It ain’t utopia.

  11. Dave, I am not a defender of Google, but in this case the situation is that while one is reportedly doing something in an attempt to improve, the other seems to be happy with their position and the way they do business.

  12. You’ve just coined a new term I know I’ll be using with the 6,6,6 Review Rule. Easy way to explain this. What a great post, Mike. And very much agree that first talks with clients who have not yet even reached the contract signing point must include warnings in red type about the inability to guarantee results in Places due to bugs and other issues. Prepare the client for a rough road ahead and you are doing him a major favor!

  13. Yup, one of my client simply lost their reviews one day only to reappear about 5 months later.

  14. @Miriam

    Someone asked me for a check list of things to advise your clients early in the engagement… so I put it to you.

    What else besides the vagaries of reviews, merges and dupes would you put on the list of things to tell your clients?

  15. @Andrew
    Yes the reason the numbers work (more or less) is that 6 months is the time it takes for google to recognize a serious programming issue, code for it and roll it out to various listings…

  16. @Mike

    Not sure whether that was a rhetorical question, or whether it was just posed to Miriam, or whether you or Miriam or anyone else are actually putting together such a “warning list”…

    …but one thing I always forewarn clients of before we work together is simply that Google is always changing. And in the broadest sense possible. Obviously, a lot of refer to it as a “moving target” (for lack of a better metaphor), so those people know, but obviously at least as many people either never thought of it that way or don’t have fresh info on what the “sight picture” of “target” looks like at the moment.

    Anyway, just my two cents for any “warning list” that someone might give to potential clients.

  17. @Phil

    By all means not rhetorical nor specifically for Miriam to answer… thank you for chiming in…

    Let me rephrase it… What do ALL of you say to clients either before or early in the engagement so they are prepared? What is on your check list of things to say or put into writing for them?

  18. Hi Mike,
    Something along the lines of:

    Due to the fluctuating nature of search engine results and ongoing bugs and issues in Google Places, neither we nor any other legitimate marketing firm will guarantee search engine rankings or results of any kind. We do what we’ve seen work for other clients, but we do not control the search engines and cannot guarantee results.

  19. Thanks for this Blog. I am going to forward to a client who is going through tbis now. We have had 5 clients lose all their Places reviews over the last 8 weeks. 4 out of the 5 have seen the reviews return, and their ranking improve. Could that be related? I have no idea.

    There is one slight commonality with 4 of the 5. They had posted one or several of the Google places reviews on their site after it was posted on their Places Account. hmmm Any one?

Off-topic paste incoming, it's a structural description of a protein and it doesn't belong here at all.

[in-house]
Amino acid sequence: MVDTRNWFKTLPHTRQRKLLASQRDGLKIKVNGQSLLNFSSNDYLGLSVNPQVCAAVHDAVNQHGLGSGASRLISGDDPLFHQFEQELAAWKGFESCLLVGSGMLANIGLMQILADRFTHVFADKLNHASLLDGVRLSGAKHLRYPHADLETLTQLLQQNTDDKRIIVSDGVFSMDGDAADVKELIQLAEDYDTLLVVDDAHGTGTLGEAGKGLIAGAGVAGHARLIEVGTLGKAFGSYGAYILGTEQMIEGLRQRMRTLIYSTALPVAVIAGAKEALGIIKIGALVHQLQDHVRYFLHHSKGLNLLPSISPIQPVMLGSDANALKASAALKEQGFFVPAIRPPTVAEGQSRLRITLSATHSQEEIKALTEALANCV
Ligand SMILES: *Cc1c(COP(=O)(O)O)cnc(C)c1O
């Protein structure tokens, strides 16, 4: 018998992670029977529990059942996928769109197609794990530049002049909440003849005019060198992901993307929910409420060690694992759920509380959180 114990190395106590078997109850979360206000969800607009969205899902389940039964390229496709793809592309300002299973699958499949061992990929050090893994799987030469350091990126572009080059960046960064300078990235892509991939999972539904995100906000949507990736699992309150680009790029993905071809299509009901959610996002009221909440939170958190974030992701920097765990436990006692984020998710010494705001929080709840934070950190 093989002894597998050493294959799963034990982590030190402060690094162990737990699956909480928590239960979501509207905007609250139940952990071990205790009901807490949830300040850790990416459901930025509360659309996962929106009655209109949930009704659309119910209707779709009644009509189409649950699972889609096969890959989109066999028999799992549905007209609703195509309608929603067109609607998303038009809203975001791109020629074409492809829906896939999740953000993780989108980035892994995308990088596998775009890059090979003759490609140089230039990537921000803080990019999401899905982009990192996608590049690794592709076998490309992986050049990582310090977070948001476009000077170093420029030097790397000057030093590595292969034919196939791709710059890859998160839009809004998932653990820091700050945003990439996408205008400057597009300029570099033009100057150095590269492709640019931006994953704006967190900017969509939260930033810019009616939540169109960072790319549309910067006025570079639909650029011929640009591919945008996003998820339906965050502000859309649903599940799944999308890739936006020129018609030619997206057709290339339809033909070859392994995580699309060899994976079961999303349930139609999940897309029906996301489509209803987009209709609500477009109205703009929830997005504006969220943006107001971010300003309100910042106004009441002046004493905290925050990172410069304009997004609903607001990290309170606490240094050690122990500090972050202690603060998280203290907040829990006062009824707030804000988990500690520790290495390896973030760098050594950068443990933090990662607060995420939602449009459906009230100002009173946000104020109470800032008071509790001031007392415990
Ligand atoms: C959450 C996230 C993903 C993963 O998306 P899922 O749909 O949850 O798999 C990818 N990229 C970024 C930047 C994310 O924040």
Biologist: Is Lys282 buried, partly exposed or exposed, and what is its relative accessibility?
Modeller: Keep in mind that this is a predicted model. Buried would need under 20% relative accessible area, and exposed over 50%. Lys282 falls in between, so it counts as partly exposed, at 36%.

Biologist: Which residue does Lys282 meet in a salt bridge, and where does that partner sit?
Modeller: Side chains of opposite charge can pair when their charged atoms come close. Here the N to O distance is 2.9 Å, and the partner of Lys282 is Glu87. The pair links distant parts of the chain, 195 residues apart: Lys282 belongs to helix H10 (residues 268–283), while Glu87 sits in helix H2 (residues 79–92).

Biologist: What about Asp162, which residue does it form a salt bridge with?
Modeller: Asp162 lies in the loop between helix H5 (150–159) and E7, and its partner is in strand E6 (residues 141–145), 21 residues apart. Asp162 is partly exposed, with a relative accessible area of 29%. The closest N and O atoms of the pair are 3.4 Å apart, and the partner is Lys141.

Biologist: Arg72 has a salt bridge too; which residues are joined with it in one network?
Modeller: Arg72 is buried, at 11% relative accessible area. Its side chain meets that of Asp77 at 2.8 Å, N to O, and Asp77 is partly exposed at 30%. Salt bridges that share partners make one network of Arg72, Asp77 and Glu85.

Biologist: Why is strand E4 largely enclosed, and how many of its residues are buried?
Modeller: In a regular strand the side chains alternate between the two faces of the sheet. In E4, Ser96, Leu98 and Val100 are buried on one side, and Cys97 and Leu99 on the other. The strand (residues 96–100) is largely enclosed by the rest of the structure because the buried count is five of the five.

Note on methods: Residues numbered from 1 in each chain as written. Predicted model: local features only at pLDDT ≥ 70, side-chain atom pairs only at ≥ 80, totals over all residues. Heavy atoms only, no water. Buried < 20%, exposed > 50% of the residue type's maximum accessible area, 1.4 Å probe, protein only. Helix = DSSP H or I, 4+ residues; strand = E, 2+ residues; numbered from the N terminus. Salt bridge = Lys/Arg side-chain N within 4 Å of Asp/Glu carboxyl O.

20. Great outline of what to do but I’d like to ad that we as consultants who are helping small businesses with this topic, “Google Places” should actually forwarning our clients that stuff like this happens at the beginning of our relationships with them.

    This way if it never happens it isn’t an issue and when it does happen it isn’t an issue as your client was already educated about it.

    Educating new clients about the potential pitfalls, errors, and many other things we aren’t in control of only servers to strengthen the relationship and avoids the shock and suprise a client will experience. You’ll also avoid the, “Why didn’t you inform me of this possibility when we started got started with you?” questions. = )

  21. Russ

    I did include (In fact it really make the most sense to educate your client BEFORE they lose reviews so that they know what to expect and when it does happen you are not the one that they take their frustration out on.)

    Do you think I need to be more explicit?

  22. Mike,

    Please excuse my crappy typing this morning. To much coffee in my system.

    We all know we need to educating our clients on some of these areas but I do believe it is best brought up during the aquisition phase or sales phase if you will.

    Having been in B2B and B2C sales for well over 20 years I’ve learned its best to bring this type of stuff to light at the beginning of the relationship instead of having to deal with it when it happens. So I think you could have been a litttle more clear if that is what you were meaning to communicate. = )

    The great thing about it is that it helps control what’s going through your clients minds when they log in and find that reviews in this case are gone.

    They’ll instantly remember and think to themselves, Oh yeah Mike mentioned that this could happen. You probably won’t even get a phone or email about it!

    It also lends HUGE credibility to the company when you bring this stuff up at the beginning because it communicates to your clients that this isn’t your first rodeo!

  23. @Russ
    Communicating these sorts of issues (probably in writing) upfront is a great idea.